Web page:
I should note that there is also the question of whether it makes business sense to do support blog posting APIs. Mike will be the one making the business case pitch to folks over here while I'll be making the technical pitches. It would be interesting to know what percentage of users actually use a rich client versus using the Web interface for editing their blogs in existing systems.

Anyway, your thoughts and feedback are welcome. I'd especially love to hear from authors of blog posting tools.  


Categories: MSN

By now it's common knowledge that MSN Spaces became widely available to the general public today. As someone who's currently working on the next iteration of Spaces I've already had time to excercise the existing realease and I've got to day I like it a lot. Below is the list of top 5 things I like about Spaces

  1. Integrated Photo Album: If you visit Carnage4Life's Space you don't just get to see my blog but also a slideshow of various RSS Bandit screenshots I uploaded a few days ago.

  2. Integrated Music Lists:  I get to share my taste in music via music lists where each song is hyperlinked to search MSN Music so one can hear a sample of the music I like. For lazy people like me you can just upload a Windows Media player playlist to create a music list.

  3. MSN Messenger Integration: Words don't do it justice. Here's a screenshot of me viewing Mike Torres' contact card.  Here's a screenshot of my contact card. Yes, the rumors were right. You can post to your blog directly from MSN Messenger.

  4. Access Control: One can specify the level of access they want for their blog. You can choose to make a blog public, private or only accessible by people on your MSN Messenger Allow List. Your Allow List is a list of everyone who you've allowed to see your online presence and IM you via MSN Messenger. This should be everybody on your buddy list and everyone who's asked to put you on their buddy list and you've accepted. This allows you to create a blog that is only accessible by people in your immediate circle of friends and family which for most people are the only ones you want reading your blog or viewing your photos .

    It should be noted that in a number of markets the permissions on your Space default to "Only allow people in my MSN Messenger Allow List view my Space". So it is best to check[yourblogname]/PermissionSettings.aspx and ensure that you have specified the level of access control you are comfortable with.

  5. The Price: It's free. Completely and utterly free of charge.  


Categories: MSN

December 2, 2004
@ 01:20 AM

According to the Microsoft press release MSN Introduces New Communication Service That Enables Blogging, Picture Sharing and More  we find out

MSN Spaces: More Than a Blog

The MSN Spaces beta version is a free service available in 14 languages and 26 markets worldwide. MSN Spaces was designed to make it easy for consumers to create and maintain a personal Web site, bringing the power and benefits of blogging to millions of Internet users, regardless of their level of technical expertise. More than a blogging tool, MSN Spaces is a dynamic online scrapbook where consumers can share photo albums, personal music lists and more. And more than an ordinary personal Web site, through seamless integration with MSN Messenger and MSN Hotmail, MSN Spaces will automatically notify online contacts when a person's Space has been updated so his or her online community knows when it is time to pay a visit. People can sign up for MSN Spaces through MSN Messenger or by going to Key features of the service include the following:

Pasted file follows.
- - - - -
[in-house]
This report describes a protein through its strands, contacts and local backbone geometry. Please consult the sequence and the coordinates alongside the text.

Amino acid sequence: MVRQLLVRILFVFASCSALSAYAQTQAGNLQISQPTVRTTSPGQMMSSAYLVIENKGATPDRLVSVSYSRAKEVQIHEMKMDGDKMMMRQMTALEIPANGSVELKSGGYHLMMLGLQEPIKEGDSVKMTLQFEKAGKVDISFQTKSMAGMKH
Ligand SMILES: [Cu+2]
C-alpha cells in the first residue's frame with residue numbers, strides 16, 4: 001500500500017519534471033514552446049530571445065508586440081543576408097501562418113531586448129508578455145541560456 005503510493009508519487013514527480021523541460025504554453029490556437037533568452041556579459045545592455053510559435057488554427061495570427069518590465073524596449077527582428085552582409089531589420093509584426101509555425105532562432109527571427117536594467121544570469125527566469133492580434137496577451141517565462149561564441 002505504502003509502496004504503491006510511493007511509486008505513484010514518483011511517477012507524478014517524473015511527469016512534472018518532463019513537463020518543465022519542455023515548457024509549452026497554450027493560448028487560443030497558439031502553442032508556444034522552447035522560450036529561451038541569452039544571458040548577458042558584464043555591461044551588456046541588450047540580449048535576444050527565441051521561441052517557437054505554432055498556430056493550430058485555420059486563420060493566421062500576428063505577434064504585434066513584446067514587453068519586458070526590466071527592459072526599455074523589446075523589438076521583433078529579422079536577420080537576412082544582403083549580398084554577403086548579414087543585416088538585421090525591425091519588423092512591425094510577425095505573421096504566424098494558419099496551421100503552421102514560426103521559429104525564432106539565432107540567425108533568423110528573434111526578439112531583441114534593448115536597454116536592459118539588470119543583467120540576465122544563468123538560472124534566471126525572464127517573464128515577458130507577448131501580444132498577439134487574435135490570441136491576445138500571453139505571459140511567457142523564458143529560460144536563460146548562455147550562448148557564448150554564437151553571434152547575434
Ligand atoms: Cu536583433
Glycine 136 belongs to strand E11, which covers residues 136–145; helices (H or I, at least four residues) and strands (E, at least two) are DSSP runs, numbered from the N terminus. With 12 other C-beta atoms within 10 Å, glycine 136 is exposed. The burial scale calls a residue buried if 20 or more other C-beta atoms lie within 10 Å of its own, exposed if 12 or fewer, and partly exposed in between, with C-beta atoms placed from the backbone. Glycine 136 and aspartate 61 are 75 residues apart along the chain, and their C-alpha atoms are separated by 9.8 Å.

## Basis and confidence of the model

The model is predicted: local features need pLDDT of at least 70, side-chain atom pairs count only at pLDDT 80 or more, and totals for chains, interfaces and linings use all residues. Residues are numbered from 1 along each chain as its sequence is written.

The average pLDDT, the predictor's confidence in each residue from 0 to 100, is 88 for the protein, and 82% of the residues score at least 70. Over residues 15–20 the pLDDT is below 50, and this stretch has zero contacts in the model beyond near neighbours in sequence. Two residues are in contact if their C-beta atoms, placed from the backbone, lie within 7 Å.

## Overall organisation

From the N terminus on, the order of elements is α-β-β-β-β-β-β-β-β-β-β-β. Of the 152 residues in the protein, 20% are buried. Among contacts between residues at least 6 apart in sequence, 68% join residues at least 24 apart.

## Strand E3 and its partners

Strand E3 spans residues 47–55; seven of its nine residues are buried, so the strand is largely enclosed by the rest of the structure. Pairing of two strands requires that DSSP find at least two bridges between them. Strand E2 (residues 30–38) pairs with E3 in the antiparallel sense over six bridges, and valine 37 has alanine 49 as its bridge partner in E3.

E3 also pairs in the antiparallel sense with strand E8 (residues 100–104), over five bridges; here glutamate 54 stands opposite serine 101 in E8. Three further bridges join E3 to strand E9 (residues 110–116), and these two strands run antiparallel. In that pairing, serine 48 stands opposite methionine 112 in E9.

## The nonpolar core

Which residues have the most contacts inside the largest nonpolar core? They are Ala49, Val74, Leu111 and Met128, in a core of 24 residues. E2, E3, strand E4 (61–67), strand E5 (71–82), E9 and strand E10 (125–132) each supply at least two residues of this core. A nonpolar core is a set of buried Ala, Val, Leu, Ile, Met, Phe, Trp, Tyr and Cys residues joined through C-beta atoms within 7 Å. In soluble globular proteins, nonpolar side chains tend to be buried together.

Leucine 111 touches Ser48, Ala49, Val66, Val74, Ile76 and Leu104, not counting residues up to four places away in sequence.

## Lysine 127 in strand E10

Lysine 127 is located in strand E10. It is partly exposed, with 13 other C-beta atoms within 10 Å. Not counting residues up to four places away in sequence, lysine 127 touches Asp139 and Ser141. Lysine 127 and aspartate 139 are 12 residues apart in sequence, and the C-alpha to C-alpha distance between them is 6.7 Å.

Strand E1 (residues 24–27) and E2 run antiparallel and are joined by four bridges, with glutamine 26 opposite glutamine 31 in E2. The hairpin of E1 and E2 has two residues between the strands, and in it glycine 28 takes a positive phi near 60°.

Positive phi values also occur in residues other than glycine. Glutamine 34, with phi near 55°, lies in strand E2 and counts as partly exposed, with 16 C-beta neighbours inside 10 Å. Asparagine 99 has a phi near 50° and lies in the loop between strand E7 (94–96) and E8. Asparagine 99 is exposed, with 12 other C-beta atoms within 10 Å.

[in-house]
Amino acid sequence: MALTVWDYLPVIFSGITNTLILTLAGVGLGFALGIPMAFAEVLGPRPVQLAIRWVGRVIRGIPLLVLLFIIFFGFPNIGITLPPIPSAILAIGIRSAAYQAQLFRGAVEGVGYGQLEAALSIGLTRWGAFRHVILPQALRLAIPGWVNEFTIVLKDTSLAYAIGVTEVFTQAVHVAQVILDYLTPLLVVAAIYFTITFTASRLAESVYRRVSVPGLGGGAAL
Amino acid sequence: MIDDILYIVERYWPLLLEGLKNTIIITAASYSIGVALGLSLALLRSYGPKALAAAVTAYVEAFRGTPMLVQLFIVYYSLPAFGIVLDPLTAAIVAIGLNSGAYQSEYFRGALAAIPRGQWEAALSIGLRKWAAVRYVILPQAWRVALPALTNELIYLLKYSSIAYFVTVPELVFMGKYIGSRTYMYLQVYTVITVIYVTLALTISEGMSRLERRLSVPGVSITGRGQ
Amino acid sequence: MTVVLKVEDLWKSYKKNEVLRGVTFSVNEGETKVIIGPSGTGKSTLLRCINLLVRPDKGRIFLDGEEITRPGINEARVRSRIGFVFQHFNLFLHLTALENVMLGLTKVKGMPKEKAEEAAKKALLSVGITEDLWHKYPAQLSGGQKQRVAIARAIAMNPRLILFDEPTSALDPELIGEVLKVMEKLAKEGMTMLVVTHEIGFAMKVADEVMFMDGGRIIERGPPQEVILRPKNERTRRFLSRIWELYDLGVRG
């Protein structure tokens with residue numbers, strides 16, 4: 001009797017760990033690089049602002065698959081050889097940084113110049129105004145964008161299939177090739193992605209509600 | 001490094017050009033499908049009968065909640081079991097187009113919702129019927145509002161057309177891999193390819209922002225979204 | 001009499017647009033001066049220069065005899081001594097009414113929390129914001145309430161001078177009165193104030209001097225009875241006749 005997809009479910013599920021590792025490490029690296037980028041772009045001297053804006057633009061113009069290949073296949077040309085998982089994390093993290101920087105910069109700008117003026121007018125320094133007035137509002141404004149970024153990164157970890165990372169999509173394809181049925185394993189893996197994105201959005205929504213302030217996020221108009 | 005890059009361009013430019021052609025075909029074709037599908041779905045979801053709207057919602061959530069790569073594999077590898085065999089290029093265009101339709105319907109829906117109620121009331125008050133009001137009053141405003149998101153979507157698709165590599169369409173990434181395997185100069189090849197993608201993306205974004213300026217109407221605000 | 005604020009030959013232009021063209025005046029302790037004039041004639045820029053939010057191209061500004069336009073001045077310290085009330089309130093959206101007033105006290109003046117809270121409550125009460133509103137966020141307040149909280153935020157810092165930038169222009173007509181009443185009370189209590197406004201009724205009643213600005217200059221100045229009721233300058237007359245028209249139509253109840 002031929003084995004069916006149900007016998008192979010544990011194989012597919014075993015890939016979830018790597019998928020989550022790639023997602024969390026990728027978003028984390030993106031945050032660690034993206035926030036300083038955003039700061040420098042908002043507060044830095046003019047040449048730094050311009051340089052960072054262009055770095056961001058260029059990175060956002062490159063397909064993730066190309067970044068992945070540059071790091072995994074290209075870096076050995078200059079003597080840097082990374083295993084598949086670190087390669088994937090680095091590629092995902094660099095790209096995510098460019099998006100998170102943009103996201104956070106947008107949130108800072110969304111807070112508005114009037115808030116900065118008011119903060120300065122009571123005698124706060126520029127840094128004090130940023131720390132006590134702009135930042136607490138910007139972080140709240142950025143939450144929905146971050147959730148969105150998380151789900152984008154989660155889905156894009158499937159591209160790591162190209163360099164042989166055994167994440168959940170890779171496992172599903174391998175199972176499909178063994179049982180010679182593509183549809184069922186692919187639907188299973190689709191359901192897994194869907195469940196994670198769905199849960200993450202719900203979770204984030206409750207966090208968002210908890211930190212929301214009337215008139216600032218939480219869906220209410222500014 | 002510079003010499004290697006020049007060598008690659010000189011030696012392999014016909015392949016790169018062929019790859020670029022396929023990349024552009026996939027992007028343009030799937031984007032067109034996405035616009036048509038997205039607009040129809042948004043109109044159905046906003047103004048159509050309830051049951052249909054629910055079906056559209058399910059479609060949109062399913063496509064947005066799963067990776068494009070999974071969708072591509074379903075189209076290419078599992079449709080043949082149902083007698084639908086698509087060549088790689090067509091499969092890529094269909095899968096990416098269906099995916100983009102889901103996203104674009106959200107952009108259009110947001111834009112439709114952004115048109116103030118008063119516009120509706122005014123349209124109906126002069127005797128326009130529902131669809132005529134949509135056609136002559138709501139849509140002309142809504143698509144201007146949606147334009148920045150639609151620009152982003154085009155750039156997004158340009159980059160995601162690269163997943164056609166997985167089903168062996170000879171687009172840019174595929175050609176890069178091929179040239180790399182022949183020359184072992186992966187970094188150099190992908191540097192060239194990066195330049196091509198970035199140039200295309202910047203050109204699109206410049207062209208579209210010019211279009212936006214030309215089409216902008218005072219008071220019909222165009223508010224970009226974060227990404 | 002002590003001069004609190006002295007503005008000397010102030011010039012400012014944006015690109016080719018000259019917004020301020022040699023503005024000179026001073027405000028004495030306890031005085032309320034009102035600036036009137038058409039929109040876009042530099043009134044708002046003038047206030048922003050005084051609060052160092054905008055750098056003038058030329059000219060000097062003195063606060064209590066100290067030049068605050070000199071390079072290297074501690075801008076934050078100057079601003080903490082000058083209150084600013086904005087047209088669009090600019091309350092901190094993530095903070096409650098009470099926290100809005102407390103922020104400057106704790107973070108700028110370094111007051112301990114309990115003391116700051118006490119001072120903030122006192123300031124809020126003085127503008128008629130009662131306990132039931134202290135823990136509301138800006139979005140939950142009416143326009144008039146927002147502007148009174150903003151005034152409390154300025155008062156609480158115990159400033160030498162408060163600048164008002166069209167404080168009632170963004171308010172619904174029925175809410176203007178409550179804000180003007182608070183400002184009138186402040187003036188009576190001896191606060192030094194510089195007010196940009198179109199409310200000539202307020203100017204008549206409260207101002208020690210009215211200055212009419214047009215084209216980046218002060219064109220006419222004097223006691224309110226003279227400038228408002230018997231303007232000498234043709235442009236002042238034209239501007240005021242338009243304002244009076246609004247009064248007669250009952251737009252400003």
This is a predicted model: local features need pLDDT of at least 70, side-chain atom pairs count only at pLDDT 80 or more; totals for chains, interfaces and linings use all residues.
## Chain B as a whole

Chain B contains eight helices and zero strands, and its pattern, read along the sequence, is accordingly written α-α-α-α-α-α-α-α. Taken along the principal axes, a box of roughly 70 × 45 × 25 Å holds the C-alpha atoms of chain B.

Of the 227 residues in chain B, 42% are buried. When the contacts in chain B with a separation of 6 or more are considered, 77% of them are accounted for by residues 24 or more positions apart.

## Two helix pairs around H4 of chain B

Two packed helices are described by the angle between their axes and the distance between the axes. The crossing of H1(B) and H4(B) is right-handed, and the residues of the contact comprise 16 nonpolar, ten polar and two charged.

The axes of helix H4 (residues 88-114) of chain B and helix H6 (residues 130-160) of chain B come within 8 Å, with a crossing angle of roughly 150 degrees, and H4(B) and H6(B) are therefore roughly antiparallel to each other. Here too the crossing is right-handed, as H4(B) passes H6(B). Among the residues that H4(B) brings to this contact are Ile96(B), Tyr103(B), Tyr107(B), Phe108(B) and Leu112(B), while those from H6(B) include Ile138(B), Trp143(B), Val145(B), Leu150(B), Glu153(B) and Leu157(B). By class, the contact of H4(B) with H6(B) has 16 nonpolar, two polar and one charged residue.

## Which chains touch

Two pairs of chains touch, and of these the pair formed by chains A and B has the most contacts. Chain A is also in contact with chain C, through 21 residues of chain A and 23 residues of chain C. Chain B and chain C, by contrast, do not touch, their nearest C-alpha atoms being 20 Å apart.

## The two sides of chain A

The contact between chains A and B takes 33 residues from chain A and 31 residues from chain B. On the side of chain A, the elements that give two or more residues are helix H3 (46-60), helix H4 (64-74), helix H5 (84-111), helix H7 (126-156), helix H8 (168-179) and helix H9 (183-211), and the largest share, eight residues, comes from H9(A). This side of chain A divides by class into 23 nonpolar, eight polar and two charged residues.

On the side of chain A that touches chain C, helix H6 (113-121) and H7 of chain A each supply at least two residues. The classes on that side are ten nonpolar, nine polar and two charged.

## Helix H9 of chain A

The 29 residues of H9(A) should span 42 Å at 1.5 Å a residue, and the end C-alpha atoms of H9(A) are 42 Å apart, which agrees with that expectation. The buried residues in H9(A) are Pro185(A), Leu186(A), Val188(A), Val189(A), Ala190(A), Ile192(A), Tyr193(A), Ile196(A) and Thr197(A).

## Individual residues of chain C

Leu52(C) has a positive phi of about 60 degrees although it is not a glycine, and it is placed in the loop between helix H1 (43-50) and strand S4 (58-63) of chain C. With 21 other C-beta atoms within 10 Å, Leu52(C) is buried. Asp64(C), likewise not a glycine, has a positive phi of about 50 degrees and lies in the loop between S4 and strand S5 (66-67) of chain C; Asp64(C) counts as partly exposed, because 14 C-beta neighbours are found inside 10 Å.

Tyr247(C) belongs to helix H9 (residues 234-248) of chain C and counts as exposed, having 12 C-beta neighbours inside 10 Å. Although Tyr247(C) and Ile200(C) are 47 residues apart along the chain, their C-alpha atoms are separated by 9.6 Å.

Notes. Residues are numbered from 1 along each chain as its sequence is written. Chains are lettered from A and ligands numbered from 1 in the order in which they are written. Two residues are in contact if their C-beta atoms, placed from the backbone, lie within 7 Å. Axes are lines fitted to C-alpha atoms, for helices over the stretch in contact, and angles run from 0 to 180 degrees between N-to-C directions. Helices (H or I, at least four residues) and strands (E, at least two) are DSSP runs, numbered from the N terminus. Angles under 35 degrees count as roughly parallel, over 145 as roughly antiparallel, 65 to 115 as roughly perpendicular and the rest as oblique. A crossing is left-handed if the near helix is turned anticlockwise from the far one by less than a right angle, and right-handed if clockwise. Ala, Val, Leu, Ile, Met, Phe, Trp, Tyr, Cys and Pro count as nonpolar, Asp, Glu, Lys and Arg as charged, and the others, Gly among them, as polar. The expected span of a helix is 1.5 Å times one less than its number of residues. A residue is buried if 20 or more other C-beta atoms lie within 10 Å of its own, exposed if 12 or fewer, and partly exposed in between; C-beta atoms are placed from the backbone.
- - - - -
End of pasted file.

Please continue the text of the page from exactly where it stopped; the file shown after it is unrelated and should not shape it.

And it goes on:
• Control your Space. Consumers can choose the people who visit their Space through three levels of permissions: public, MSN Messenger contacts only or private.
  • Use pictures and music to say more. MSN Spaces enable consumers to easily display their pictures via a photo album slide show. Consumers can easily share playlists through their Space with Microsoft® Windows Media® technologies. With just two clicks, people can sample or purchase a song on someone's playlist through MSN Music**.
  • Create an extension of yourself. Contact Cards - a new addition to MSN Messenger and Hotmail - are windows into a consumer's Space, mirroring its look and the most recent information posted. MSN Spaces also supports RSS, so consumers can publish their Space to others by way of RSS viewers and aggregators - including My MSN, coming soon.
  • Post remote updates. Consumers can post updates to their Space remotely via e-mail or a mobile phone.
  • Make it your own. Fifteen custom backgrounds and five layout templates give consumers a way to quickly customize and personalize their Space.

MSN Messenger: More Expressive Than Ever

Available in 26 languages, the public beta release of MSN Messenger builds on the popular IM service which supports more than 145 million active users worldwide each month, and offers consumers new ways to express themselves online and personalize their instant messaging experience. Available for download at, the beta release of MSN Messenger will give consumers a taste of what's to come with the final release, expected next year. Features in the MSN Messenger 7.0 beta enable consumers to do the following:

  • Get attention. Consumers can reach out to friends and family by sending a "Nudge," an alert that shakes the contact's conversation window with an audible notification, or a "Wink," animated pictures that include sound and that can be virtually "thrown" onto the screen of a contact's Internet message (IM) window. New emoticons, backgrounds and theme packs from Microsoft Corp., including advertiser-sponsored packs such as for "Halo® 2",* round out the experience.